Ibizan Hound Breed Magazine - Showsight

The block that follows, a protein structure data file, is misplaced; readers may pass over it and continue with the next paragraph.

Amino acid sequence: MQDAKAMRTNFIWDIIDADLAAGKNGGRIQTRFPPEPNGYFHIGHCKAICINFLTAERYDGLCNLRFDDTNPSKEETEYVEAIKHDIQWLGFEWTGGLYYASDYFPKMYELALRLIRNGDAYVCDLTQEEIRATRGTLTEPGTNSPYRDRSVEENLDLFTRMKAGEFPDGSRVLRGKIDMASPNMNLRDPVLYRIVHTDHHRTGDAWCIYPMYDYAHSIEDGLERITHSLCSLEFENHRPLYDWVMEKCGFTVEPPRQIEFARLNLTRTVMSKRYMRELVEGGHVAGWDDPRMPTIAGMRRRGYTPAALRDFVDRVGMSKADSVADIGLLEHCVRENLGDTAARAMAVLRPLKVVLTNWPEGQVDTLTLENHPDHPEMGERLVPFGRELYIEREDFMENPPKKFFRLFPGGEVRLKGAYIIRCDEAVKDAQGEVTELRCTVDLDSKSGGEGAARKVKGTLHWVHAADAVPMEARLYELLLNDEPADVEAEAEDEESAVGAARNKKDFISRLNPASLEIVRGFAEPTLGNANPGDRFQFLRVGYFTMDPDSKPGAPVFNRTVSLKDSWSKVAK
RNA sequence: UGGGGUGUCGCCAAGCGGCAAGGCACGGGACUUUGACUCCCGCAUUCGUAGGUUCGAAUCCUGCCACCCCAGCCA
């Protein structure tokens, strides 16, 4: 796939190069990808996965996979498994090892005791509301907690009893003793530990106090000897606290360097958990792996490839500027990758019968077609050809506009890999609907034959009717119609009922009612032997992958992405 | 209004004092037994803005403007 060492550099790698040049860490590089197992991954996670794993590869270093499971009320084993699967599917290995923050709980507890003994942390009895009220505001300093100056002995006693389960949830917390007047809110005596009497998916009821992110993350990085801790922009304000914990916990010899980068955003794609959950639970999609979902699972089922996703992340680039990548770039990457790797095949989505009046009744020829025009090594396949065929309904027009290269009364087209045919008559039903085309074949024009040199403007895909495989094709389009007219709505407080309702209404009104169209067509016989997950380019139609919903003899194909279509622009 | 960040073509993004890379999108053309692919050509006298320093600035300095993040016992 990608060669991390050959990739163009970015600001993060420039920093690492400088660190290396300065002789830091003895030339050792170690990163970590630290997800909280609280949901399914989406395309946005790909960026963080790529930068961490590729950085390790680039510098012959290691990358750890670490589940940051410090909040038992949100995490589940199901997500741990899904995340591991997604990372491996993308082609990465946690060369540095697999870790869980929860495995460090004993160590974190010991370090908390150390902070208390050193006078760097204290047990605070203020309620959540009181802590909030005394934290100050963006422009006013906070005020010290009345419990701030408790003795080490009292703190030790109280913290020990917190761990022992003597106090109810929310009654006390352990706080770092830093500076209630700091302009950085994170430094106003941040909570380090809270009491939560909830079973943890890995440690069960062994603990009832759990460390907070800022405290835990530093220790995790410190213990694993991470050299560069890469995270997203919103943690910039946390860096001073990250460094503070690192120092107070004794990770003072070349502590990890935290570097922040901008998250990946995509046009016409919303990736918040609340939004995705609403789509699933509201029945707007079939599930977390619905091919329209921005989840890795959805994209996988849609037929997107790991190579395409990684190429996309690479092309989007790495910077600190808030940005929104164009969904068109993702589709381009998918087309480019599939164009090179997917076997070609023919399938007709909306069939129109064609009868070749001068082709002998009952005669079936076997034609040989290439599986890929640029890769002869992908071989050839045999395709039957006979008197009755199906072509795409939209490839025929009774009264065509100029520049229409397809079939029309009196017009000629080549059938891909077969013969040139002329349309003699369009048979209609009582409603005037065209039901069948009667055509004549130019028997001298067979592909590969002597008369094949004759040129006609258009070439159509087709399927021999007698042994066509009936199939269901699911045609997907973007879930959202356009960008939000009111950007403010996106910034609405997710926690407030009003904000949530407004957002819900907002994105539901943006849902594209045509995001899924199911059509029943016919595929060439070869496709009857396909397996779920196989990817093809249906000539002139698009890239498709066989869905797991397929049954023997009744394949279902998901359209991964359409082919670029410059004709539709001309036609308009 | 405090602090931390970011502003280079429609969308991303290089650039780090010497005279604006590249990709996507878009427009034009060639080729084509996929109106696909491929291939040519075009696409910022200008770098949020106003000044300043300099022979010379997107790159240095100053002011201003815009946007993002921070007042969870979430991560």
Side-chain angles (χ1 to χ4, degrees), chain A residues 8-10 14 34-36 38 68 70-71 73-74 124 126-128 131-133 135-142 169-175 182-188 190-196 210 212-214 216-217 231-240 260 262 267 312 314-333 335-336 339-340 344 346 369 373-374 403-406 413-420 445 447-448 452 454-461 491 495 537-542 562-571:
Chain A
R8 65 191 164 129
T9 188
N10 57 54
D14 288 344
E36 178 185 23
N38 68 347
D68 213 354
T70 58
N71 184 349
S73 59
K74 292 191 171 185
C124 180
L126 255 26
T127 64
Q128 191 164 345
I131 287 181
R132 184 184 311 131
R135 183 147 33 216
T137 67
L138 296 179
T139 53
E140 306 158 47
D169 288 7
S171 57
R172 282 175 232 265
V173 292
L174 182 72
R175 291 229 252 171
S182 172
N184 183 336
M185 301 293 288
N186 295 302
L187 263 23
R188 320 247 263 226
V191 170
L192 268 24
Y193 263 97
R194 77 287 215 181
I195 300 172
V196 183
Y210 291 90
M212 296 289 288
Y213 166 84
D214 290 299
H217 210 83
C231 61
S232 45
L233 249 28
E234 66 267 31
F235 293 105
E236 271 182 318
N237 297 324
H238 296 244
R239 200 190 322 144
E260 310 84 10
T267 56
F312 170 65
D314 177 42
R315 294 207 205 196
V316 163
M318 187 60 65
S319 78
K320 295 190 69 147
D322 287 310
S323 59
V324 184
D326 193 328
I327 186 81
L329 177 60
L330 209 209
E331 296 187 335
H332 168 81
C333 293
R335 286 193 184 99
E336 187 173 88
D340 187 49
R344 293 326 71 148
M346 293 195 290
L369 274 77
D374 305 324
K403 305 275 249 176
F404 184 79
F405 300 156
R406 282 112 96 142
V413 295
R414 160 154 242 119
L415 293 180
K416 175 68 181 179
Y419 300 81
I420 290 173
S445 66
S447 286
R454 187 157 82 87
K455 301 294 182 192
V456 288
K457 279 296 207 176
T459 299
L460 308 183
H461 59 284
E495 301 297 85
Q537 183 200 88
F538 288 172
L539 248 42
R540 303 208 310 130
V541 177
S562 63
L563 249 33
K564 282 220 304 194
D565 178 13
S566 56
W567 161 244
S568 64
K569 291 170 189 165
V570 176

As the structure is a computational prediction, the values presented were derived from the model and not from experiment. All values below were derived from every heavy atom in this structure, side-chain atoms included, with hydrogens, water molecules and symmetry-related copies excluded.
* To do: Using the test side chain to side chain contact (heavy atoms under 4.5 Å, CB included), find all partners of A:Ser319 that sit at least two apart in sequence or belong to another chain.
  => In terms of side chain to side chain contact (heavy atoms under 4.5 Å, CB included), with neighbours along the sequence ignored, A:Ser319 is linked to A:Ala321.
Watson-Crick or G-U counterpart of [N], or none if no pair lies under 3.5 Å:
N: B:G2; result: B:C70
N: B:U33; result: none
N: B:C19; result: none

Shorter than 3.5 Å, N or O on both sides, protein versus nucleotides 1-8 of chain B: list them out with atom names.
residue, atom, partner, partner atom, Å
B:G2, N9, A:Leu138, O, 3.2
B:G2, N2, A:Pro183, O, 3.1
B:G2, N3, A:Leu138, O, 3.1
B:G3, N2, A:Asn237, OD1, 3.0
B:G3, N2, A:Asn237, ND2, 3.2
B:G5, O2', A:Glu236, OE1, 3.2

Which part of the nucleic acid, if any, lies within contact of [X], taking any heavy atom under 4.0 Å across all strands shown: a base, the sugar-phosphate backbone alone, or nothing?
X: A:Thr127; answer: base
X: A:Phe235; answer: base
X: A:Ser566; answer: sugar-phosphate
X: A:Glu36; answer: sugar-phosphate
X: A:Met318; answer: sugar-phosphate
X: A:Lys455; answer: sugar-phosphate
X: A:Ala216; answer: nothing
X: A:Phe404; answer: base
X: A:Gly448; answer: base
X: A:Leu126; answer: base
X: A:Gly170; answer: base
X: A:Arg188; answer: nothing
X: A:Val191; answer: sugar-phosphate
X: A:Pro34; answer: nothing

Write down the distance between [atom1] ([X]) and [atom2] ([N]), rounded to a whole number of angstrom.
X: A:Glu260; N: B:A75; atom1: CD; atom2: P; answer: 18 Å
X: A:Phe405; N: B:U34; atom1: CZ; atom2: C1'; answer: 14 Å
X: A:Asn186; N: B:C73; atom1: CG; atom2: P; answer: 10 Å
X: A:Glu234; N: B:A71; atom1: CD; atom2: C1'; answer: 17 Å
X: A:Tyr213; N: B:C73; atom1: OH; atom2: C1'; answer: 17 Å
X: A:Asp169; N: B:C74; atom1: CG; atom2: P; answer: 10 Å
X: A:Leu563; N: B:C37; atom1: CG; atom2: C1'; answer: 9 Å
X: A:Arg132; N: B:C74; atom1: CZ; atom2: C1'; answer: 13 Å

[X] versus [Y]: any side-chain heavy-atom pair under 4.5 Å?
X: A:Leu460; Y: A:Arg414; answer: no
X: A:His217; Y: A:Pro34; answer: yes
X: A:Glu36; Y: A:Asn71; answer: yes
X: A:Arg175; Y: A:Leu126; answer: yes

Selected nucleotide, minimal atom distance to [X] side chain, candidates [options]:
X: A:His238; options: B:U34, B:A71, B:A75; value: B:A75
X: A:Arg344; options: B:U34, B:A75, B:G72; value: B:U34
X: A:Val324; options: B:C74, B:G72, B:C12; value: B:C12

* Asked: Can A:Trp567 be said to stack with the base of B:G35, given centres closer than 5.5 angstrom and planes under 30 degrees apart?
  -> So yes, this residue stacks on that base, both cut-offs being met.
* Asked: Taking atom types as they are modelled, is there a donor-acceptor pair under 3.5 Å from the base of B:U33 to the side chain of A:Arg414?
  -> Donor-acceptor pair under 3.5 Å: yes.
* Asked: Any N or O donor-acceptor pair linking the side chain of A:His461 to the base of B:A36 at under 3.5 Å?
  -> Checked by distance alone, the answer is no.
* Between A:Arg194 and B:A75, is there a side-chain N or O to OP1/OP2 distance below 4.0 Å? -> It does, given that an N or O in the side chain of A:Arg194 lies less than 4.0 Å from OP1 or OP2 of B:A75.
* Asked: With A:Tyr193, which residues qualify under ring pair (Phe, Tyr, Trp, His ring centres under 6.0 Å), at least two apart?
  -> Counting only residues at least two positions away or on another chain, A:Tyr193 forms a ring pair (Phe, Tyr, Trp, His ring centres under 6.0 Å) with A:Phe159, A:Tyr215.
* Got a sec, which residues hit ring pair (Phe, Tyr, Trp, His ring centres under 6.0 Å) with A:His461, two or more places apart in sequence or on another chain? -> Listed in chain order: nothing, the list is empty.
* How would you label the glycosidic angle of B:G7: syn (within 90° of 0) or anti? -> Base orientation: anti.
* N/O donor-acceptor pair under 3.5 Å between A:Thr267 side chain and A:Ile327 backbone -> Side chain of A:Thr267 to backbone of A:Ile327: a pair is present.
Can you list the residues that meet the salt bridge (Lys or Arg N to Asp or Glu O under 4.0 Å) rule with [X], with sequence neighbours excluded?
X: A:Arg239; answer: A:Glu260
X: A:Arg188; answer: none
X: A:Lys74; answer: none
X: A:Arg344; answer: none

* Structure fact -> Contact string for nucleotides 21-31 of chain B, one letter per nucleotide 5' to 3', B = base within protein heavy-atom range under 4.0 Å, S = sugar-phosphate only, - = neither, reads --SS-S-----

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Official Standard of the Ibizan Hound General Appearance : The Ibizan's clean-cut lines, large prick ears and light pigment give it a unique appearance. A hunting dog whose quarry is primarily rabbits, this ancient hound was bred for thousands of years with function being of prime importance. Lithe and racy, the Ibizan possesses a deerlike elegance combined with the power of a hunter. Strong, without appearing heavily muscled, the Ibizan is a hound of moderation. With the exception of the ears, he should not appear extreme or exaggerated. In the field the Ibizan is as fast as top coursing breeds and without equal in agility, high jumping and broad jumping ability. He is able to spring to great heights from a standstill. Size, Proportion, Substance : Size - The height of dogs is 23½ to 27½ inches at the withers. Bitches are 22½ to 26 inches at the withers. There is no preference for size within this range. Sizes slightly over or under the norms are not to be regarded as demerits when other qualities are good. Weight - Average weight of dogs is 50 pounds; bitches, 45 pounds. Proportion - Slightly longer than tall. Substance - The Ibizan possesses clean, fine bone. The muscling is strong, yet flat, with no sign of heaviness. Head : Long and narrow in the form of a sharp cone truncated at its base. Finely chiseled and extremely dry fleshed. Expression - The Ibizan has an elegant, deer-like look. The eyes are oblique and small, ranging in color from clear amber to caramel. The rims are the color of the nose and are fully or partially pigmented. The appearance of the eye is intelligent, alert and inquisitive. The ears are large, pointed, and natural. On alert the ear should never droop, bend, or crease. The ears are more wide open than just a tall triangle. The inner edge of each ear is not a straight line but has an obtuse angle or curve between the base and tip which gives the ear a slight inside corner. The overall shape resembles an elongated geometric rhomboid with its bottom third cut-off. Highly mobile, the ear can point forward, sideways, or be folded backward, according to mood. Ears that do not show the ability to be erect are a serious fault. On alert, the lowest point of the base is at level of the eye so the ears are positioned above the eyes, neither off the side of the head nor too high set and coming close to each other. On frontal examination, the height of the ear is approximately 2½ times that of the widest point of the base. Skull - Long and flat, prominent occipital bone, little defined stop; narrow brow. The muzzle is elongated, fine, and slender with a very slight Roman convex. The length from the eyes to point of nose is equal to the distance from eyes to occiput. The muzzle and skull are on parallel planes. The nose is prominent, extending beyond the lower jaw. It is of a rosy flesh color, never black or liver, and tends to harmonize with that of the coat. Pigment is solid or butterfly. Any pigment color which is not as described is a disqualification. Nostrils are open. Lips are thin and tight and the color of the nose. Flews are tight and dry fleshed. Bite - The teeth are perfectly opposed in a scissors bite; strong and well set. Neck, Topline, Body : The neck is long, slender, slightly arched and strong, yet flat muscled. The topline , from ears to tail, is smooth and flowing. The back is level and straight. Body -The chest is deep and long with the breastbone sharply angled and prominent. The ribs are slightly sprung. The brisket is approximately 2½ inches above the elbow. The deepest part of the chest, behind the elbow, is nearly to or to the elbow. The abdomen is well tucked up, but not exaggerated. The loin is very slightly arched, of medium breadth and well muscled. The croup is well-sloped with bone structure visible. The tail is set low, highly mobile, and reaches at least to the hock. It is carried in a sickle, ring, or saber position, according to the mood and individual specimen.

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